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July 17, 2006
Volume 84, Number 29
pp. 28-29

Stock Indexes Fall In Second Quarter

Shares of most chemical and pharmaceutical companies drop; shares of biotech firms plunge

William J. Storck

Stock indexes for chemical, pharmaceutical, and biopharmaceutical companies all declined in the second quarter from the end of the first quarter. Major indexes such as the Dow Jones industrial average and the NASDAQ also turned in lackluster performances as investors continued to worry about higher interest rates and energy costs.

If there is one word to describe stock market performance during the quarter, it is volatile. All of the indexes experienced large swings. Typical was the Dow Jones industrial average, which changed by 100 points or more during some trading days.

To a large extent, the percentage changes in the highs and lows showed the volatility during the second quarter. The high for the Dow Jones was 11642.6, up 4.8% from its March 31 close. Its low of 10706.1 was down 3.6% from the end of the first quarter. The Dow Jones also experienced large daily changes: It recorded four days of greater-than-100-point increases, ranging from 104.6 to 196.0 points, and five days in which it fell between 119.7 and 199.2 points.

The NASDAQ, which is made up largely of smaller capitalization firms and includes many biotech companies, saw a high of 2370.9, up just 1.3% from the first-quarter close, and a low of 2072.5, down 11.4%.

The same pattern largely holds for the C&EN chemical, drug, and biotech indexes. The 25-chemical-company index (for all C&EN indexes, 1992 = 100) posted a high of 224.1, up 6.3%, and a low of 199.1, down 5.6%. The pharmaceutical index of nine major drug companies posted a high of 357.8, up just 0.2% from March 31, but its 343.1 low was down 4.1%. For 14 biotech firms, the high of 566.5 was up only 0.1% from the end of the first quarter, and the low was down 13.0% to 492.3.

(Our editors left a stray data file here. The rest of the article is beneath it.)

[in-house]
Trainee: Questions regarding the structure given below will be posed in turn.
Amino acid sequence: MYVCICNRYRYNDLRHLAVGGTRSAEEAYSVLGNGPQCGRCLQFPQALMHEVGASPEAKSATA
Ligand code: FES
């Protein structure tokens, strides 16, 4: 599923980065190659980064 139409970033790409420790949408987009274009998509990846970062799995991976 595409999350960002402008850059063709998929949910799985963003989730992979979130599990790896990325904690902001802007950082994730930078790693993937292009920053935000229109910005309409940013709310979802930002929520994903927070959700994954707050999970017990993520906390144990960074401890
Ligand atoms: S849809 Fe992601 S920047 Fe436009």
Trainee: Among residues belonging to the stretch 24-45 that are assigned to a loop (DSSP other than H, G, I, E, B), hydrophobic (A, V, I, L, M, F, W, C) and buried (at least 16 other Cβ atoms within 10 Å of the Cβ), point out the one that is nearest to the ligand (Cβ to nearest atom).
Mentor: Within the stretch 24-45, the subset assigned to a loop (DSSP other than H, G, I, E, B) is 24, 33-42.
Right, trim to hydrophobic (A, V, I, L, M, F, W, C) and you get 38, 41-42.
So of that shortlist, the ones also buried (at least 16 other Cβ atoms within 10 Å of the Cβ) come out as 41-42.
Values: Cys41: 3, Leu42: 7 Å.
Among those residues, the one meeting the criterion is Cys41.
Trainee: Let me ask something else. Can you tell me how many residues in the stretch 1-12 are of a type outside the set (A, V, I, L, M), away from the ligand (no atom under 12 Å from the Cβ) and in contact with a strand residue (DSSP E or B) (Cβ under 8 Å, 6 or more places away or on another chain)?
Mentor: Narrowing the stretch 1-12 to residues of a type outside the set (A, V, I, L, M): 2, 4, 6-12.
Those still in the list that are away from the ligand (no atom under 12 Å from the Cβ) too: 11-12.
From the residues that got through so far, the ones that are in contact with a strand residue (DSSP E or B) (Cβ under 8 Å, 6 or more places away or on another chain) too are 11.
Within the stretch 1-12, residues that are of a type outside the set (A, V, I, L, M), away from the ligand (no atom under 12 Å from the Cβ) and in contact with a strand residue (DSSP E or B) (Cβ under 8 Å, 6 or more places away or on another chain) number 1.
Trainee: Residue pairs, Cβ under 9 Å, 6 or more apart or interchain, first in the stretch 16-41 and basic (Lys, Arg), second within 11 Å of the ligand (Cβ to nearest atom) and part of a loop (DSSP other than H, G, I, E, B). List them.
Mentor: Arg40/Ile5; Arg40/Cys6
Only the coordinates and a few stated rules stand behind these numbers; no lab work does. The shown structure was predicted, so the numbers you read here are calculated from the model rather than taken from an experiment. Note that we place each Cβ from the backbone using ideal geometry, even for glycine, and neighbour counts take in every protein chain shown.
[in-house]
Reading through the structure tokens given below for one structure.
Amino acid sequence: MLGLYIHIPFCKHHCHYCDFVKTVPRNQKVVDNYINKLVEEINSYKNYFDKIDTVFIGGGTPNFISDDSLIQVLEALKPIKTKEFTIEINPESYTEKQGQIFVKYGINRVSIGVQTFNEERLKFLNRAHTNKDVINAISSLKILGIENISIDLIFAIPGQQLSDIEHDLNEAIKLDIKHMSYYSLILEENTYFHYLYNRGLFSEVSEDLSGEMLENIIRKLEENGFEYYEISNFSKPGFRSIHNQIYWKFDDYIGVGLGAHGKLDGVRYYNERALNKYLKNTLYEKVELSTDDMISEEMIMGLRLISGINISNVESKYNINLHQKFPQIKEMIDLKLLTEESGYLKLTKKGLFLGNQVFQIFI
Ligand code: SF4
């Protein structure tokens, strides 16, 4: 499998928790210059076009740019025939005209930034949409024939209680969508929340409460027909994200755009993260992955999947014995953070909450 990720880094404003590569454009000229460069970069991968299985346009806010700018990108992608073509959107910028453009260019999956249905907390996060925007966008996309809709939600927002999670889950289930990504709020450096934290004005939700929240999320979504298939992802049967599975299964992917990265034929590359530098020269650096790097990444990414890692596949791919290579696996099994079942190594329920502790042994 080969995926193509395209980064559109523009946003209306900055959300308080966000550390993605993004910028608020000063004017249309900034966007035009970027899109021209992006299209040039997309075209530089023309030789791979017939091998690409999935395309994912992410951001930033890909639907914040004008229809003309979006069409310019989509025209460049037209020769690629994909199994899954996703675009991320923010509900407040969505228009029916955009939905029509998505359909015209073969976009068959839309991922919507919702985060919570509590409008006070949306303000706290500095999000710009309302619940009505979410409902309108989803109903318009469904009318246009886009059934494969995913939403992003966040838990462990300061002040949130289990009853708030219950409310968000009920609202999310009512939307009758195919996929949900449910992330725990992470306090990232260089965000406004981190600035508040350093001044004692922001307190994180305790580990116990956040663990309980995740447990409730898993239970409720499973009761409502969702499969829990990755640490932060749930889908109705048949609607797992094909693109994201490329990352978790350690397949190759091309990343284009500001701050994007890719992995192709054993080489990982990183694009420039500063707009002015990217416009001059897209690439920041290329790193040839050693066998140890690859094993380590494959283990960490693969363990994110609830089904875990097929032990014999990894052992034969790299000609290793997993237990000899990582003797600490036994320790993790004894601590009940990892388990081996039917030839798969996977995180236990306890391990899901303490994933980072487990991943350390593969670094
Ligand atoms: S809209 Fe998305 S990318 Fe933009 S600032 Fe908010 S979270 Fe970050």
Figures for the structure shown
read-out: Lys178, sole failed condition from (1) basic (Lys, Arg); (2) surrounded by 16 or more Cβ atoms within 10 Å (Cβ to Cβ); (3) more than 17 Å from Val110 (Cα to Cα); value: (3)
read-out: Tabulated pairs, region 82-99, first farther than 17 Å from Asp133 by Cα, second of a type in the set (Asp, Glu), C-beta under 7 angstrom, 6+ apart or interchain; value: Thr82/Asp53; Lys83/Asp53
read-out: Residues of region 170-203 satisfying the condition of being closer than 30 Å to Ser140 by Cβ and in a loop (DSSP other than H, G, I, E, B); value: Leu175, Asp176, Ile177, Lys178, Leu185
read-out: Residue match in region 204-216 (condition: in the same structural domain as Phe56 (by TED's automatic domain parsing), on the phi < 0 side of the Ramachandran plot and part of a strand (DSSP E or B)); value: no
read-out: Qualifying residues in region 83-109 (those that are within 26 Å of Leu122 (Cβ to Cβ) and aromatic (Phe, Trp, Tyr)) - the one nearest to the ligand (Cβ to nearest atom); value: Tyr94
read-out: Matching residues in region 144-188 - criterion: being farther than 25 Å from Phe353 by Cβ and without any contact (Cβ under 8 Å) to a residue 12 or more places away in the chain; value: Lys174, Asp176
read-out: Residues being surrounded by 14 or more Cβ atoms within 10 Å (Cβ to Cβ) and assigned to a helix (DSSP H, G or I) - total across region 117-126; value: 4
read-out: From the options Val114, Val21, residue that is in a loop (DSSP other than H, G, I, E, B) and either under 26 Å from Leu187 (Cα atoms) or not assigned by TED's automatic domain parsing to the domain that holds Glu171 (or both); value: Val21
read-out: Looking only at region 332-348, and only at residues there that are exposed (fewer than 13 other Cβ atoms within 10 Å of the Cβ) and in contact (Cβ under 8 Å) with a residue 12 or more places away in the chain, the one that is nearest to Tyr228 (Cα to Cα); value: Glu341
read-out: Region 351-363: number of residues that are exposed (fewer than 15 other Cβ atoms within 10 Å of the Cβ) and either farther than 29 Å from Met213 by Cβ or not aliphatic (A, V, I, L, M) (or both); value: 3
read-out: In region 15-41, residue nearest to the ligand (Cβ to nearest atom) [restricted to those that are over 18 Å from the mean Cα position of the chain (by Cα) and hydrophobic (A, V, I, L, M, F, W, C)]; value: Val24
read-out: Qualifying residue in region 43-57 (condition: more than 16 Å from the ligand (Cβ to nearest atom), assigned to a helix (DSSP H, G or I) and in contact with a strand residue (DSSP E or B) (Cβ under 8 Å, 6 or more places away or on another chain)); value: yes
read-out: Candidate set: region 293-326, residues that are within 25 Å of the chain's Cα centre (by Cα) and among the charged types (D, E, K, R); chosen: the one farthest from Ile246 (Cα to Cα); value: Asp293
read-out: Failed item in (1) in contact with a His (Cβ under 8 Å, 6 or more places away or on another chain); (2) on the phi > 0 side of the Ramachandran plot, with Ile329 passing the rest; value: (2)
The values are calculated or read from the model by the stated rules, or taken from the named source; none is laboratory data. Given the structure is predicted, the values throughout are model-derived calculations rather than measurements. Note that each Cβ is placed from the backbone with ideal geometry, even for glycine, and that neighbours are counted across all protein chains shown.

At the end of the second quarter, the three C&EN indexes were all down from where they had been at the end of March. The chemical company index was off a slight 0.5% to 209.8, and the pharmaceutical index fell 1.0% to 353.6. The biotech index, however, dropped 8.1% to 522.4. Meanwhile, the Dow Jones closed at 11150.2, up just 0.4% from the end of the first quarter, and the NASDAQ plunged 7.1% to 2172.1.

Chemicals were still up from the end of 2005, rising 7.0%, while pharmaceuticals eked out a 1.8% gain. The biotech index was down 7.9%. The Dow Jones was up 4.0%, but the NASDAQ was off 1.5%.

Of the 25 companies that make up the chemical index, 14 ended the quarter with lower stock prices than they had on March 31. The largest percentage drop was at Chemtura, where the stock price closed at $9.34 per share, 20.7% below its March 31 price. Close behind was Ferro, which suffered a 20.2% fall to $15.96 per share. Since the Cleveland-based company has yet to file its audited 2005 results, traders have little to go on when evaluating the company.

Other double-digit declines were sustained by H.B. Fuller, down 15.1% to $43.57 per share; Cytec Industries, off 10.6% to $53.66 per share; and Huntsman Corp., down 10.3% to $17.32 per share.